Theft is reprehensible in any context, but it’s particularly deplorable when a nonprofit organization championing affordable and safe housing is the victim. That’s why what happened to Habitat for Humanity of Waukesha County was extra sinister.

On January 30, 2023, the hearts of the volunteers at a project site in Domenica Park — a housing development in Waukesha, Wisconsin — sank after discovering two trailers’ worth of construction tools were missing. The incident threatened to halt the construction of homes meant for 20 families.

The county has about 150 unsheltered homeless individuals and is no stranger to frigid nights. This setback was a rude awakening for stakeholders who believed nonprofits building roofs above the heads of society’s most underprivileged and vulnerable members — like Habitat for Humanity — would be immune to such property crime.

A Blessing in Disguise

At first, Habitat leaders thought the value of the stolen goods was $10,000. However, a later audit corrected the figure and found the organization lost three times more than the initial estimate. Despite losing over $30,000 worth of equipment, the public charity was optimistic about overcoming the adversity.

Habitat for Humanity lives off donations, so it reached out to the community for support. It also shared a list of missing tools on its website — complete with product information, like brand name, description and serial number, to help donors find exactly what was needed.

The organization hoped it could raise sufficient funds and source key tools — such as impact drills, cordless drills, jigsaws, reciprocating saws and circular saws — sooner rather than later to resume construction and prevent longer project completion delays.

The public responded positively to the plea.

The charity’s coffers swell by about $10,000 within 24 hours after speaking about the theft. The following day, the Waukesha Habitat office was busy answering concerned citizens’ inquiries and receiving preowned tools from generous souls who wanted to feel good about helping out. A week later, the monetary donations amounted to more than $75,000.

The immense generosity of community members touched Habitat for Humanity of Waukesha County. The organization kept the public updated on the donations and pledges it received online and acknowledged the people and businesses that extended support in its hour of need, including:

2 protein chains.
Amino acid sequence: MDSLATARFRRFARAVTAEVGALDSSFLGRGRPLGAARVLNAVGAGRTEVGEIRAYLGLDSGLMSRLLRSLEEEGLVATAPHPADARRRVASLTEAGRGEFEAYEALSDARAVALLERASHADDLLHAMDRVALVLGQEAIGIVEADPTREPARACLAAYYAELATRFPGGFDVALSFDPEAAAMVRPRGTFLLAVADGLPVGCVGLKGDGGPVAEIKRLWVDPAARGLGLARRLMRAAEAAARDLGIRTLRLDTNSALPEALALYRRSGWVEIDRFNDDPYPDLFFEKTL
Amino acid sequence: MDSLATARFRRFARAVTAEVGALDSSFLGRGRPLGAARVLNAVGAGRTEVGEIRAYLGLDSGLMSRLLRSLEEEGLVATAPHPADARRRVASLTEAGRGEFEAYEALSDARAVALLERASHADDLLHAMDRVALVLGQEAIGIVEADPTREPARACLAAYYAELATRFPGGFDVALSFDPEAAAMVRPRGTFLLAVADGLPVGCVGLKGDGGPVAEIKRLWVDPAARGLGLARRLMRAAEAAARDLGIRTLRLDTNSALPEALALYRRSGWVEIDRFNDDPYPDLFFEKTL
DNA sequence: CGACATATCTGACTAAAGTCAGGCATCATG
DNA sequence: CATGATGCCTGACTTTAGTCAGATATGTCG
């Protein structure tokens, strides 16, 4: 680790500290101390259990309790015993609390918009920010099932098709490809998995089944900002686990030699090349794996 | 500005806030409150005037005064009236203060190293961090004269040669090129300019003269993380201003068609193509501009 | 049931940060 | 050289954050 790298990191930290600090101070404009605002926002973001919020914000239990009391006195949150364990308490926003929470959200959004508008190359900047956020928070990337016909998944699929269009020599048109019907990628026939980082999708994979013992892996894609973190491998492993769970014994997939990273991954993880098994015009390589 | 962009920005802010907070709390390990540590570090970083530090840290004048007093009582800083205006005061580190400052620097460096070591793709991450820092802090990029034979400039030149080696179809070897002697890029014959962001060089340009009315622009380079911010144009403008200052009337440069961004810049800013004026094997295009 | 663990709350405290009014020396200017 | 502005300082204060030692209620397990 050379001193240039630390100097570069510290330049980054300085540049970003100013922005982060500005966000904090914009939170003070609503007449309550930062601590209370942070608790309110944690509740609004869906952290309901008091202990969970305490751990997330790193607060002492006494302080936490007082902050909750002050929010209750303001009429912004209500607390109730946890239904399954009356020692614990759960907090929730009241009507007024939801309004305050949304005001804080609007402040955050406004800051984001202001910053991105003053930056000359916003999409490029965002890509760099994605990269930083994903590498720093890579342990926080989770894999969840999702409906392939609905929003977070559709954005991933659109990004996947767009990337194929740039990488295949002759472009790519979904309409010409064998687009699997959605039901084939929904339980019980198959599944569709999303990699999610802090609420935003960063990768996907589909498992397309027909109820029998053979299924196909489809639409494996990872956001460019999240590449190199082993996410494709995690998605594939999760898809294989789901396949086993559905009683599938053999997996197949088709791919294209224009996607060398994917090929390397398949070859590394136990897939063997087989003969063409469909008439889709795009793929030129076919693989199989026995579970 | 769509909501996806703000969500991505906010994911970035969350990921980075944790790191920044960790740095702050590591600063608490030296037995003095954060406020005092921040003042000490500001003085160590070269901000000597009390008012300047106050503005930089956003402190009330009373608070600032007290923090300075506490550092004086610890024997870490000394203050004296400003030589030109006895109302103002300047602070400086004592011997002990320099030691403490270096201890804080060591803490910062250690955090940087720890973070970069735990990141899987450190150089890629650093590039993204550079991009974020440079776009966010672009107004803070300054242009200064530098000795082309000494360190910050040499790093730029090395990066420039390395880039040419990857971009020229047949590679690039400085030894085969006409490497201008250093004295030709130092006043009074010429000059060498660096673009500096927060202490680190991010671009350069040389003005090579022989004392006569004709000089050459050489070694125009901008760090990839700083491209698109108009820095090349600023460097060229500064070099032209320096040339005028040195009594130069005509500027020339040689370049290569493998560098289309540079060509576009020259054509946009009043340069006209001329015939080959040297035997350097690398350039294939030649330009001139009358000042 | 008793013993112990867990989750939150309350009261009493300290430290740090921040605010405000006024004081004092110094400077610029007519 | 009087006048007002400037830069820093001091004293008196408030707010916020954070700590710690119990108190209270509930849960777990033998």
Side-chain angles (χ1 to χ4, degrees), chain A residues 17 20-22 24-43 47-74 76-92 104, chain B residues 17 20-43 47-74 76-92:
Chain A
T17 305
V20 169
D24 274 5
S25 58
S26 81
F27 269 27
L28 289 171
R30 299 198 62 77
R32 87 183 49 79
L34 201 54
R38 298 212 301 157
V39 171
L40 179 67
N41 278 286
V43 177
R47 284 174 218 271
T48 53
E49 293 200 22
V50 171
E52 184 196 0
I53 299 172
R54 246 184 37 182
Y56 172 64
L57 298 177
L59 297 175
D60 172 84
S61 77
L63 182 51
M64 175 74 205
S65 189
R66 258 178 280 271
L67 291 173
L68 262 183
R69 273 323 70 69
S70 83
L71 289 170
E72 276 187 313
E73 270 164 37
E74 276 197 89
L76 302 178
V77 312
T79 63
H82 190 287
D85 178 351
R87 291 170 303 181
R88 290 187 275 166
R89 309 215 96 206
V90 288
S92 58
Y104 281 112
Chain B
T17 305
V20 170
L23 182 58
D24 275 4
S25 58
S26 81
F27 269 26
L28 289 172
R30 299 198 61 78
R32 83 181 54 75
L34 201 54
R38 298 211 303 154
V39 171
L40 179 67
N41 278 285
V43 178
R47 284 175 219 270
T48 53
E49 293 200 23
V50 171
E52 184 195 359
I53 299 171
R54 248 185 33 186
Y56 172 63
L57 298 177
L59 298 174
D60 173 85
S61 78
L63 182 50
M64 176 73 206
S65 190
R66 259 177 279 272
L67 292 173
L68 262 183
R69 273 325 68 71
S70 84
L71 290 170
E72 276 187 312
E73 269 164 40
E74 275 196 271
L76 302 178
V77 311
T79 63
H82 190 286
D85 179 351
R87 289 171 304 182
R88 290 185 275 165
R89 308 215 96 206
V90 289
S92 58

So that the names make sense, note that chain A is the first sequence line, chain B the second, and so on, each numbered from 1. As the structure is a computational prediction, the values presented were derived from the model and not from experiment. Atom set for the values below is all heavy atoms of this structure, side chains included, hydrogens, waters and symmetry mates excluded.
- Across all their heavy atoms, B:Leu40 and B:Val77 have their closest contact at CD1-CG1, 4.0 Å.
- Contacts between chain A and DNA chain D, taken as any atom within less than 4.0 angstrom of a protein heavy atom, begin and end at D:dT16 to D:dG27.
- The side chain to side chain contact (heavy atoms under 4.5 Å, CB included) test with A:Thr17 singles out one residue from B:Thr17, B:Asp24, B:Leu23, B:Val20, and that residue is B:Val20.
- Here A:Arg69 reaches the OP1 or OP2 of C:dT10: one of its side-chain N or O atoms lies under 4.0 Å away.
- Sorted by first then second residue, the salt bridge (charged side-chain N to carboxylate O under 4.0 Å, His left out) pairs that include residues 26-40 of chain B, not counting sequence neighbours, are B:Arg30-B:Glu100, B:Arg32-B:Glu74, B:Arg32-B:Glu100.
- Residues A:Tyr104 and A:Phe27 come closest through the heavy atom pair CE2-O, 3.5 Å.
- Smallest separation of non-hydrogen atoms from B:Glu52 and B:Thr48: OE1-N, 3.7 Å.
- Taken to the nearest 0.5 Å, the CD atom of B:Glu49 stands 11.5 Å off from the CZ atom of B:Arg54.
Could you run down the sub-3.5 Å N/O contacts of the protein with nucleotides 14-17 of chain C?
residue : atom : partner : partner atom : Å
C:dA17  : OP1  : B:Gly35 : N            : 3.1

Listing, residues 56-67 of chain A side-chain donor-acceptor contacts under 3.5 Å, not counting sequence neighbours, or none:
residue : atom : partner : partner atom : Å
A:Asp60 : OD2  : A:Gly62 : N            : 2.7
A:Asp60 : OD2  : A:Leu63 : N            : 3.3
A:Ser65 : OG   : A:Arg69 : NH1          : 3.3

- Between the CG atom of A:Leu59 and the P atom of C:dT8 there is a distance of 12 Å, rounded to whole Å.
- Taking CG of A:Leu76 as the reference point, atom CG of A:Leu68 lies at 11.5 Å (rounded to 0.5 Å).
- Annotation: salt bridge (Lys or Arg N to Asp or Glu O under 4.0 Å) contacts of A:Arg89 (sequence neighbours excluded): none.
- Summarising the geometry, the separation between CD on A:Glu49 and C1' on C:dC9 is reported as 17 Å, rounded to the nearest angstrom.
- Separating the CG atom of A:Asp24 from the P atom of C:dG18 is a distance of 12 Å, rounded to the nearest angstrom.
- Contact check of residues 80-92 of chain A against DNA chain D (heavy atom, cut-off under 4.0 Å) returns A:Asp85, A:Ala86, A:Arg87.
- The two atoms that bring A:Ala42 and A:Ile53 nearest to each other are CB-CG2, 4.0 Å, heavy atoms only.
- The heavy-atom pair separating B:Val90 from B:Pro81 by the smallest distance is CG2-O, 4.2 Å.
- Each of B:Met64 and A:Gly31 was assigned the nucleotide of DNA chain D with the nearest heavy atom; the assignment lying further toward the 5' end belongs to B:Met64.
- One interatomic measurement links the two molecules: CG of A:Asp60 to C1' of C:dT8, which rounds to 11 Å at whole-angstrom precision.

• Petcoff Family Foundation
  • Metropolitan Builders Association
  • Zeman Tool and Manufacturing
  • Bank Five Nine

The organization ended January with disheartening news but joy replaced sorrow in no time, thanks to Waukesha’s altruistic community. The turn of events further hardened Habitat’s resolve to pursue its advocacy.

An Unwavering Mission

Habitat for Humanity has been building affordable and safe homes for historically underserved and low-income households for about five decades. It works with volunteers, partners, families and communities across more than 70 countries, having helped more than 59 million people.

The organization’s programs vary by location to effectively address the unique needs of a country’s demographics.

For instance, it has an Aging in Place program in the United States. Habitat knows about 77% of adults 50 and older wish to receive long-term care in their own homes. The nonprofit also understands remaining home promotes quality of life and longevity. Its improved Housing Plus model aims to help senior American homeowners get their properties repaired and modified based on their specific shelter needs.

Another example is the Puerto Rico Recovery Program. In 2017, hurricanes Maria and Irma hit the island and caused billions of dollars worth of damage in their wake, leaving hundreds of thousands of families with damaged houses.

Habitat Puerto Rico has used its expertise and resources to go beyond home construction and repairs. The organization’s affiliate on the island has extended assistance to help residents secure legal property titles, offer skills development to locals, and facilitate knowledge exchange between stakeholders and the government for better policymaking. 

Habitat for Humanity — Building Lives With Affordable Housing

The ordeal Habitat for Humanity of Waukesha County went through wasn’t the first, and it may not be the last. As unfortunate as it was, it’s a story of triumph. It’s a reminder that the impact of criminality is weaker when the sense of community is stronger.

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About Author

Mia Barnes is a lifestyle and wellness writer and the Editor in Chief at When Mia isn't writing, she can usually be found reading, jogging or volunteering at one of her local animal shelters.

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